1955 Vincent Black Knight
September 8, 2008 11:47 AM
According to legend, British flyboy Howard Raymond Davies spent his captivity in a German prison camp dreaming of building the perfect motorcycle. Less than ten years later, he started building the HRD, setting the gold standard for motorcycles throughout the decade of the 1930s.
Cambridge educated engineer Philip Vincent shared the same dream of building the perfect motorcycle. He acquired Davies’ trademark, good will and a few remaining parts for £500 in 1928. The company’s name was changed to Vincent HRD Co., Ltd, and remained so until 1949, when the 'HRD' was dropped to prevent any confusion with Harley-Davidson as Vincent jumped the pond to America. When Vincent decided that he wanted to start building his own engines, he sought out Phil Irving, who joined the company in 1931 as chief engineer. Together, the two Phils began designing the remarkable line that was to include the fastest production motorcycle of its day, the Black Shadow.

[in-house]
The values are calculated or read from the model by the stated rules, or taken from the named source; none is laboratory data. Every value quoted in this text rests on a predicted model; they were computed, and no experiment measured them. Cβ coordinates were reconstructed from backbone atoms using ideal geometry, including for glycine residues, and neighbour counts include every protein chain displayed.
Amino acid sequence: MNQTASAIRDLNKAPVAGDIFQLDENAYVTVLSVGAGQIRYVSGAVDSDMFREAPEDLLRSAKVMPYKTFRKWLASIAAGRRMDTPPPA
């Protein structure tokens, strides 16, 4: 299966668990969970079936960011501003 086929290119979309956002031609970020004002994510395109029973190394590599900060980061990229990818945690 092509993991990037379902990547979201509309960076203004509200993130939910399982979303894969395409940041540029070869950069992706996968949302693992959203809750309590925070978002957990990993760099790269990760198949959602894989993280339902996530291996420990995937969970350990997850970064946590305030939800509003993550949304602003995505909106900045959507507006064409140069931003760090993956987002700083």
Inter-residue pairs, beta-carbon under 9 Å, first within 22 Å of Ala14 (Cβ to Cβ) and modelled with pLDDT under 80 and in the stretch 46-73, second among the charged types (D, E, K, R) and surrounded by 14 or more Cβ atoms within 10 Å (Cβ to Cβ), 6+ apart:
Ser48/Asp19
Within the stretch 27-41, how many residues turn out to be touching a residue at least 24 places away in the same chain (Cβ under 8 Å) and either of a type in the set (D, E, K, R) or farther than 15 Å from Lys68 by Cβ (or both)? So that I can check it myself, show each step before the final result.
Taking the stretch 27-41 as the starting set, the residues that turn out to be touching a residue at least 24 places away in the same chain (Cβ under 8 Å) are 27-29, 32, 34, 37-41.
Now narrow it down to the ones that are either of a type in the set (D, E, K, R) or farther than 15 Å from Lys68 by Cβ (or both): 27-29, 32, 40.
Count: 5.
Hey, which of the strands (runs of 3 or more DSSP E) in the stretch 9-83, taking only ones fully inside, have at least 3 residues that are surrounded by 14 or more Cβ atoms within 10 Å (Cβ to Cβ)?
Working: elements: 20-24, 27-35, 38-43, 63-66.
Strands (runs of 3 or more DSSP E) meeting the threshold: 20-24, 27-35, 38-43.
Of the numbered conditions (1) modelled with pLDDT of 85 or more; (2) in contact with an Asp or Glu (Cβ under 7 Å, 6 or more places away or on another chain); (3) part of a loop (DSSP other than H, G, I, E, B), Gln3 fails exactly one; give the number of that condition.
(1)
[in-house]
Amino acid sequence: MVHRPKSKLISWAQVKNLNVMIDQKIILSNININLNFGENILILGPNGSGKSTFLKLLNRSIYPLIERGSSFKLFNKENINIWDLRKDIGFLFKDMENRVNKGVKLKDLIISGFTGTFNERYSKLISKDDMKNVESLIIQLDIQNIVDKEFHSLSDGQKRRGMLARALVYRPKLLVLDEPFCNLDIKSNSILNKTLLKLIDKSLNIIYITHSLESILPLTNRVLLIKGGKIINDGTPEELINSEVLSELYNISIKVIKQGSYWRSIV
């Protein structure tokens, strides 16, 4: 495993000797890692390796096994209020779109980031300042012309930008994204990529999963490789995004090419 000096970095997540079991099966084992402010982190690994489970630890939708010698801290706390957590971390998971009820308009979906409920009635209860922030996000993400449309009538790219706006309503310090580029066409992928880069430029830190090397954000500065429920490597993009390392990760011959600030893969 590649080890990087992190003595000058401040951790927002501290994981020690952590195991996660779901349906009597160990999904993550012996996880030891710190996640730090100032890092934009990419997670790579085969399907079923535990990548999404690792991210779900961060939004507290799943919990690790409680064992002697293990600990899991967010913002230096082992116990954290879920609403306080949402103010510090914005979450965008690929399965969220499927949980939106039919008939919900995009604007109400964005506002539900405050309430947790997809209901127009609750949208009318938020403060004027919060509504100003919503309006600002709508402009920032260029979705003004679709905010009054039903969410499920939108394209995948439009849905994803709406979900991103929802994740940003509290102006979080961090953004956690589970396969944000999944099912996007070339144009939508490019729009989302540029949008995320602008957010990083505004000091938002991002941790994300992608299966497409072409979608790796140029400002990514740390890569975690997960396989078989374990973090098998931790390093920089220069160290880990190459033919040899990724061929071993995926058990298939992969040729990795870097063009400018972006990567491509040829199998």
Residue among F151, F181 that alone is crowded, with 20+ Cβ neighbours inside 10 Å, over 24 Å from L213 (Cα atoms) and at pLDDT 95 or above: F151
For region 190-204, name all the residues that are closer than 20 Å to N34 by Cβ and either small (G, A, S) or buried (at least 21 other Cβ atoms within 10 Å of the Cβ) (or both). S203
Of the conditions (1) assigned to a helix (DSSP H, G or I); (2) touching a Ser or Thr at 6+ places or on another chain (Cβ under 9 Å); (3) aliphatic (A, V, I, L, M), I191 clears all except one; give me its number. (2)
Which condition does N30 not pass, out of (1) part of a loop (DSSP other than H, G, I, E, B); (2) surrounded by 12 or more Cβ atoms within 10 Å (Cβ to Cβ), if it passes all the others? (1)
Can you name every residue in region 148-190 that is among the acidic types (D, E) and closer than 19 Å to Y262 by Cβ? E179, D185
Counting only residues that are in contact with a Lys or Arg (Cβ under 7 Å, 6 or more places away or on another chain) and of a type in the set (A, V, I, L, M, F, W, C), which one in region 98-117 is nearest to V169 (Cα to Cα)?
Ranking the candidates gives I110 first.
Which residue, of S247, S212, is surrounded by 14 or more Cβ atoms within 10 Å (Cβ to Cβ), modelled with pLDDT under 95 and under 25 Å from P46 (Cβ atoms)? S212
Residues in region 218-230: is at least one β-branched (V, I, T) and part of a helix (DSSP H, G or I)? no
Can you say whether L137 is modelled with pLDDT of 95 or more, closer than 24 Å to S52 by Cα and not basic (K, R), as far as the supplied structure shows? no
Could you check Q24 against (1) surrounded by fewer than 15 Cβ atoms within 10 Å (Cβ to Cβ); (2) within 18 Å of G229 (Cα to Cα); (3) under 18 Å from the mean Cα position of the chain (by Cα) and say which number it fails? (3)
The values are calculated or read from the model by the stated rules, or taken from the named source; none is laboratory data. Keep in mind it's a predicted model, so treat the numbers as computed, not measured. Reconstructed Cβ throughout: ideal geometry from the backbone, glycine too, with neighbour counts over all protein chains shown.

Despite the recent pinnacle achieved with the Black Shadow, sales were falling in the early 1950s. In 1954, Vincent introduced three new models which would become known as Series D. The Black Knight was an upgraded Rapide which was fully enclosed - not streamlined - to protect riders from wind, rain and dirt thrown up from the road. In theory, the motorcycle's cladding provided a much needed opportunity to cut costs, and actually improved efficiency. But this sleek, futuristic styling didn't go over so well with riders of the period, as many stripped off the cladding, leaving very few in original condition for today's collectors. And of course, the hand built Vincents were quite expensive, at a time when cars were becoming more affordable. By the summer of 1955, Phil Vincent announced that the company was unable to sustain itself, and production ceased within the next six months. However, Phil did promise that Vincent parts would always be available, as they are to this day.